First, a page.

On the setting of I Know My Name by CJ Cooke

Category: Author Post

Setting is crucial to establish the tone and atmosphere of a novel, and I thought carefully about the ‘where’ of I KNOW MY NAME long before crafting the who, what, and why.

            The book has two narrators – Eloise, who is stranded on an island off the coast of Crete, and her husband Lochlan, who is tearing apart Twickenham to find his wife. Eloise’s stranding on an abandoned island is symbolically tied up with the themes of the story, such as memory loss, isolation, and trauma. The island is fictional, and I called it Komméno, which roughly translates as ‘broken’.

Having travelled to Crete for a research trip during the writing period, my first representations of the island were paradisiacal (as Crete is!), but gradually I changed this to depict the island as a savage wilderness. Eloise is stranded there, after all, with only four dubious strangers for company and completely cut off from the main island. She can’t remember who she is, and the island works to evoke that sense of distressing detachment from an integral part of her identity. Logistics played a role, too: if I’d drawn Komméno as a haven of gold beaches and verdant pastures, the reader might have wondered why Eloise wanted to leave at all! Symbolically Komméno works to capture the fragmentation of her marriage to Lochlan and to convey her memory loss and subsequent recollections.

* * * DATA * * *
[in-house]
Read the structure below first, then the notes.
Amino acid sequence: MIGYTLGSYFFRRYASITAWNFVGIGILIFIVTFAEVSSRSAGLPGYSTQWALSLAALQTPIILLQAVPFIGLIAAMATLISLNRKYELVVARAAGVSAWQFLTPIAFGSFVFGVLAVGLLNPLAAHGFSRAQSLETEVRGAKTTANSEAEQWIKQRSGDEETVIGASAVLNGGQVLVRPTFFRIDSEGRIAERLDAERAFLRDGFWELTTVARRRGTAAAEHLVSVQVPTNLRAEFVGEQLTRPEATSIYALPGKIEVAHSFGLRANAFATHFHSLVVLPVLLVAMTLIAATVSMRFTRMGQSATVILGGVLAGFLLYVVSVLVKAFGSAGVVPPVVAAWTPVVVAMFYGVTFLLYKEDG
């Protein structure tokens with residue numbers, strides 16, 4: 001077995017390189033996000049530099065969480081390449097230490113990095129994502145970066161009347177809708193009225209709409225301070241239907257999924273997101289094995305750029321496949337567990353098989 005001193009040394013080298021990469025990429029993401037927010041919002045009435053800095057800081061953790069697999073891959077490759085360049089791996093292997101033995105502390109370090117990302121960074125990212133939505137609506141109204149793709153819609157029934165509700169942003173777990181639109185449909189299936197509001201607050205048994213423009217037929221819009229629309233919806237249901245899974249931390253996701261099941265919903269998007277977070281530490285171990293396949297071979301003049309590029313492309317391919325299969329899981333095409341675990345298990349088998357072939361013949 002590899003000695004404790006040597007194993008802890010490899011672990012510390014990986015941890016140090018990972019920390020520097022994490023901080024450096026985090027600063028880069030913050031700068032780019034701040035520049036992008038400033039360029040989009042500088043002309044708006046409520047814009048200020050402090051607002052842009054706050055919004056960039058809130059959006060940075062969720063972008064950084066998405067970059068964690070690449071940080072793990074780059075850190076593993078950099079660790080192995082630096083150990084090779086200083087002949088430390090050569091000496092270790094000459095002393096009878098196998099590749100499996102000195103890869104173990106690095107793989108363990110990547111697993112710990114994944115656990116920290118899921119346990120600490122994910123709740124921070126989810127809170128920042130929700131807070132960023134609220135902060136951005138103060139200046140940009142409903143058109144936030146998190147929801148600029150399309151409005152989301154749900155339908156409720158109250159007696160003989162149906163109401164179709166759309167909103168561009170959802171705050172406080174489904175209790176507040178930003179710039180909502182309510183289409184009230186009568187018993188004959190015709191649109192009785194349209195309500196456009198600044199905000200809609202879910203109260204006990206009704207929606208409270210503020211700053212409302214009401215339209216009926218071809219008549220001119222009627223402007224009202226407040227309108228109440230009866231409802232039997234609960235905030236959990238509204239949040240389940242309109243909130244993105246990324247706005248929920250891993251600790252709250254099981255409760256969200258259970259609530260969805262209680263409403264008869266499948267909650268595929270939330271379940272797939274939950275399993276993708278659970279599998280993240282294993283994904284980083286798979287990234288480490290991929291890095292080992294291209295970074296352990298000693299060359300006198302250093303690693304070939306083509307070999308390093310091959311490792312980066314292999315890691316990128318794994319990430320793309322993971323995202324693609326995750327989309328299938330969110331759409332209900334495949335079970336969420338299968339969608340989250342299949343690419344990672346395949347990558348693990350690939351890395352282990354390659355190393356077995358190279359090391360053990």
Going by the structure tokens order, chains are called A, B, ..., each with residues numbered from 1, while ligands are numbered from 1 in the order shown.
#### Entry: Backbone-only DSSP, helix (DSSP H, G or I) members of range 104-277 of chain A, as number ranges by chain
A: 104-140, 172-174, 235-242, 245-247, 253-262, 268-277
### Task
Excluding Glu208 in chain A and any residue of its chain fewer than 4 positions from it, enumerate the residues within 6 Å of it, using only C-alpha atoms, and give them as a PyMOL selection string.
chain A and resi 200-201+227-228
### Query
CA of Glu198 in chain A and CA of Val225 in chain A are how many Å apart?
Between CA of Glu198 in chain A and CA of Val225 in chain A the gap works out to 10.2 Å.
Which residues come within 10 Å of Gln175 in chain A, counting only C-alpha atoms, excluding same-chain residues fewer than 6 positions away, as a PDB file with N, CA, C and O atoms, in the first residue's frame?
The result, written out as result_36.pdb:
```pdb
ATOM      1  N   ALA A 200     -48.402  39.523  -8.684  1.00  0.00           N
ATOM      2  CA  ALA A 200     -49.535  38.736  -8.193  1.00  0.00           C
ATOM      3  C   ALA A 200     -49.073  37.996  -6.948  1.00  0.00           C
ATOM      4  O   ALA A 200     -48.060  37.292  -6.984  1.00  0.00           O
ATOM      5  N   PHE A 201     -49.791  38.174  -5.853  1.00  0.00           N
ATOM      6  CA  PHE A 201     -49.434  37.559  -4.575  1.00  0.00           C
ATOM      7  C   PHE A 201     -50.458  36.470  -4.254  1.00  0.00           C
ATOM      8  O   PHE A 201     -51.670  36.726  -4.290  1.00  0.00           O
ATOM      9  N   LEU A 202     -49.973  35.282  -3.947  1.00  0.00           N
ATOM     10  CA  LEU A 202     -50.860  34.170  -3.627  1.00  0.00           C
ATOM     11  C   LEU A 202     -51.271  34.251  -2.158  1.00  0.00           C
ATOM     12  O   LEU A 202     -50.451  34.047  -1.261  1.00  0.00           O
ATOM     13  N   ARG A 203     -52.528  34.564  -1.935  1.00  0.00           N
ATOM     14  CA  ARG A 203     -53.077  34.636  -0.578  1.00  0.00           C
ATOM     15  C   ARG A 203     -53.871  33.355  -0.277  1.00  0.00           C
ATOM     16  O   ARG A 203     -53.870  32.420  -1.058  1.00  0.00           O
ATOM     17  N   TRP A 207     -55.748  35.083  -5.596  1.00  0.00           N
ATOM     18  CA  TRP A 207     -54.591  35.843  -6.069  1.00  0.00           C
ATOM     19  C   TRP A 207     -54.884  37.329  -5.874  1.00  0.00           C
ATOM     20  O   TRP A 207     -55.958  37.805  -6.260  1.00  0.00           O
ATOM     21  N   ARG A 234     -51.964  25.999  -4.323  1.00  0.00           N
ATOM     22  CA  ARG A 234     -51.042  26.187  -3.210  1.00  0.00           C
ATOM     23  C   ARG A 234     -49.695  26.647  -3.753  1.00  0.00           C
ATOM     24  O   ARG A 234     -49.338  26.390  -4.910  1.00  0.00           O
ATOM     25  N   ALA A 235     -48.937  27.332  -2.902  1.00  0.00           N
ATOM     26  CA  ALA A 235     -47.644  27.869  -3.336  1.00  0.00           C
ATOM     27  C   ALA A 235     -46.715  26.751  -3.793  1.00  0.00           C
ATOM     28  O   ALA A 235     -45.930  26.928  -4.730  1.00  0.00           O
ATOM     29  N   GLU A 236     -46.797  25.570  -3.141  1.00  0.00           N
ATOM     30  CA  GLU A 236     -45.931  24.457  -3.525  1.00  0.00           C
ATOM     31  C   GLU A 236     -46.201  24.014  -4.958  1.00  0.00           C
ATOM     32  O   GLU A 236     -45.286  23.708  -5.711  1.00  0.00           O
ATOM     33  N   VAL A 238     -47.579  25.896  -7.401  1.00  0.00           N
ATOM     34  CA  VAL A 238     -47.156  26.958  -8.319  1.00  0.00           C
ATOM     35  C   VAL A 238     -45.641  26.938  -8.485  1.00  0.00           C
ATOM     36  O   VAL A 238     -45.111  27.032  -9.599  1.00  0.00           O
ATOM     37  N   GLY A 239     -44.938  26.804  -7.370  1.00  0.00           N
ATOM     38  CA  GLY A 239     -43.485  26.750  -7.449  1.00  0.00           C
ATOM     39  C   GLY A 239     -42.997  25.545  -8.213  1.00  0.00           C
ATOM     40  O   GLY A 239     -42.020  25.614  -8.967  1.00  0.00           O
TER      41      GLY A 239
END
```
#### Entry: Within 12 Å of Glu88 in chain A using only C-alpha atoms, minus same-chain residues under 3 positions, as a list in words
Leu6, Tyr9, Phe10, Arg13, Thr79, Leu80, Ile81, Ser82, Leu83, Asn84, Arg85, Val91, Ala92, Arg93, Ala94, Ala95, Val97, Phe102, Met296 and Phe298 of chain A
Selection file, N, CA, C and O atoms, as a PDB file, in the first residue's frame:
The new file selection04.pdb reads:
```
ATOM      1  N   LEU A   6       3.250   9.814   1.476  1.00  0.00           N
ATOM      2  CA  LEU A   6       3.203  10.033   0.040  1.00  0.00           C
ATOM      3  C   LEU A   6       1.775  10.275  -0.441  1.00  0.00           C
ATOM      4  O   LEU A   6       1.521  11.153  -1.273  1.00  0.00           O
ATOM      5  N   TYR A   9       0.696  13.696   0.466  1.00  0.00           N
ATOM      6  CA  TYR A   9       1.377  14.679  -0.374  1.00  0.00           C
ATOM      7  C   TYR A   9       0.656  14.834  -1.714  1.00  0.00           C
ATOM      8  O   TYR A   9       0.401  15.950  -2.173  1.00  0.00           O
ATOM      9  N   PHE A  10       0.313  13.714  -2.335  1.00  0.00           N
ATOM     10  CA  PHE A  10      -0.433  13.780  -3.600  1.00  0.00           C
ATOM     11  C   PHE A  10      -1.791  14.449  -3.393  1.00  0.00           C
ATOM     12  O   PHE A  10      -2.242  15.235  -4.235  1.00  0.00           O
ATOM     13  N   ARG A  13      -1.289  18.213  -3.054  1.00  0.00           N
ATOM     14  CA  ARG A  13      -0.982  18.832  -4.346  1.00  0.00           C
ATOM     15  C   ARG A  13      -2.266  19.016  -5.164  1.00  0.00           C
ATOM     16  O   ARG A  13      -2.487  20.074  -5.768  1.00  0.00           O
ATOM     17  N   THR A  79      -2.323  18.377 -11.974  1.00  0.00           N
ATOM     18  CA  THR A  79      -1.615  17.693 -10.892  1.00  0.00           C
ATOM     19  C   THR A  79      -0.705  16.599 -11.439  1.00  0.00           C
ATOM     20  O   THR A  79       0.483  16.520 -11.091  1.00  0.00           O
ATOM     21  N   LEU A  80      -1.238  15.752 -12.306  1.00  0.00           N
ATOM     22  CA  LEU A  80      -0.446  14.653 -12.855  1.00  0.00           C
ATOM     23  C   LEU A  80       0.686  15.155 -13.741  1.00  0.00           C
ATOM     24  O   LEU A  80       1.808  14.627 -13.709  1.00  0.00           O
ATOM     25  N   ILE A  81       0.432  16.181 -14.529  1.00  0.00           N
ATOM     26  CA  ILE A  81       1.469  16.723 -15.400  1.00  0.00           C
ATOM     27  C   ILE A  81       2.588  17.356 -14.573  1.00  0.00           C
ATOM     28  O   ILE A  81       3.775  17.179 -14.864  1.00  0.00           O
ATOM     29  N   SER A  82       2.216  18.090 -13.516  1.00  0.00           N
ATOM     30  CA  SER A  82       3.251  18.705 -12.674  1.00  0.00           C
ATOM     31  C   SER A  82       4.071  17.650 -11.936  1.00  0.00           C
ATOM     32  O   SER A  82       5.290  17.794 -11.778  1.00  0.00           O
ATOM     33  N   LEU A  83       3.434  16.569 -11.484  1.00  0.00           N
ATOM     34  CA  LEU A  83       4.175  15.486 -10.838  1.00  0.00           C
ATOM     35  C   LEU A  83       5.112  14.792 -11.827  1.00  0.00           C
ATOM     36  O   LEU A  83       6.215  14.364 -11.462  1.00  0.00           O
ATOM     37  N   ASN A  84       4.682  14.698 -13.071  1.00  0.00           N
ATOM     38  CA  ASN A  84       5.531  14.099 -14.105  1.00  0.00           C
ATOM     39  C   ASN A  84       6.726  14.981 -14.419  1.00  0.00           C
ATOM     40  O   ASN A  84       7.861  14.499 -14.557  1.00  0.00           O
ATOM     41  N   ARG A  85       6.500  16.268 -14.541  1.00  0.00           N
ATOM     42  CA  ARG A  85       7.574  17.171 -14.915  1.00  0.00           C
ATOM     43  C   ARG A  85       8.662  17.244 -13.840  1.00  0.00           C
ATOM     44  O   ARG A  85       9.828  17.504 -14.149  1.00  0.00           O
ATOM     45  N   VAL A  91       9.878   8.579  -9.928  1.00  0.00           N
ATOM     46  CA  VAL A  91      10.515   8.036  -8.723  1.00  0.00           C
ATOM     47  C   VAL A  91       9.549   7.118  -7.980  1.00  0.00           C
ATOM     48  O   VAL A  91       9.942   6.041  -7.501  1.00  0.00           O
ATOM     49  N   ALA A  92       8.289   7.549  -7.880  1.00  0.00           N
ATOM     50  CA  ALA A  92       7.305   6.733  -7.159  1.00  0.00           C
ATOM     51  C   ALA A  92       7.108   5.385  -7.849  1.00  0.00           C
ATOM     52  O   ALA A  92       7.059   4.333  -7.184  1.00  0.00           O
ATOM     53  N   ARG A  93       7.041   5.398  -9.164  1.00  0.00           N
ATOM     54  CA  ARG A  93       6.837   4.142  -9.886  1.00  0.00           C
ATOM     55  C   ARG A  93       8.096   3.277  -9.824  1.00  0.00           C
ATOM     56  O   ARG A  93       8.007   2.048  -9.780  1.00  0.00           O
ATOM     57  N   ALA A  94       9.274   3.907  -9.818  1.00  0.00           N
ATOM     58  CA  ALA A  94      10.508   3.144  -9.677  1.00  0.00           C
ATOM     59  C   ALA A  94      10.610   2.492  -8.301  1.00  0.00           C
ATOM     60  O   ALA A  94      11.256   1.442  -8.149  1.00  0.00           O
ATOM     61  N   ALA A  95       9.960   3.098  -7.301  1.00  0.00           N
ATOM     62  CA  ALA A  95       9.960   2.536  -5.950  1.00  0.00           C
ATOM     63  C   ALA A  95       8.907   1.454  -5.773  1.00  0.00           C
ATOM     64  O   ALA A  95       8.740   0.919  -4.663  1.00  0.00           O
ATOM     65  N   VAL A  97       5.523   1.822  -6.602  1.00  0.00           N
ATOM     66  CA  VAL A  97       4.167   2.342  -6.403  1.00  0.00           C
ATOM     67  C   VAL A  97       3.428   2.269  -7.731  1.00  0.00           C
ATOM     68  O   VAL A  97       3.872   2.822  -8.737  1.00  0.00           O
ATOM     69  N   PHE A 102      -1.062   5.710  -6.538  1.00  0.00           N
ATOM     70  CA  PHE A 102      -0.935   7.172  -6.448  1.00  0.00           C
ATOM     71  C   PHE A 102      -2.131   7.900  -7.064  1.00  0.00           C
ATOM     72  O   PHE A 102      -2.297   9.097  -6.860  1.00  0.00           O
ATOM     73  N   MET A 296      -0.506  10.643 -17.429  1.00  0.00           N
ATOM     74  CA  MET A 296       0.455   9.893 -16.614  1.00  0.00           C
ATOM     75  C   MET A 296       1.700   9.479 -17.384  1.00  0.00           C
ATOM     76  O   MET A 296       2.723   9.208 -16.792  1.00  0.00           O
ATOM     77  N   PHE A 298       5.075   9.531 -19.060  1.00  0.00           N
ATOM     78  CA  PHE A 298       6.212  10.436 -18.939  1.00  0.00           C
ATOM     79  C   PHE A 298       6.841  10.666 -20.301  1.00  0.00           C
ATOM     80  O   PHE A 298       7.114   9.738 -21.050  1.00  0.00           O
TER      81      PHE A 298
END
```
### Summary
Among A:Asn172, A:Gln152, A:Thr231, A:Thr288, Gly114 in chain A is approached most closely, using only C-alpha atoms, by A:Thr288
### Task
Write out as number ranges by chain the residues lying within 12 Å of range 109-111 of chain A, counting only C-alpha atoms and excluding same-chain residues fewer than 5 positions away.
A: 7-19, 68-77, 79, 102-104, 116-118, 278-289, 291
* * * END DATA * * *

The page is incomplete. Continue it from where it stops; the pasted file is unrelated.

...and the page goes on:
In contrast with the raw wasteland of Komméno, the Twickenham passages are largely based in domestic interiors: the Shelley home, Max’s nursery, with a few glimpses at Eloise and Lochlan’s workplaces, and Eloise’s childhood homes. The windswept external spaces of the island, with daunting panoramas of the marooning ocean, are in stark contradistinction to the closed-in urban spaces, or the rooms, offices, and hallways of Twickenham, which point to the ordered lifestyle that Eloise has carved for her family and which Lochlan has worked hard to climb social and career ladders – only to wonder at times why he has bothered. Occasionally claustrophobic and haunting, the interiors spaces were important to me precisely because they make up so much of the daily routine of new motherhood. They also gesture towards the shift in Eloise and Lochlan’s lives from carefree globe trotters as newlyweds to the much more domestic routine imposed by parenthood.

More subtle is the indication of outward versus inward appearances – who Eloise is on the surface is not who she is inside. It is this complexity of personality, the idea of ‘keeping up appearances’, as well as confronting your past, that necessitated a thoughtful representation of setting in the book, and hopefully it comes across that way.

 

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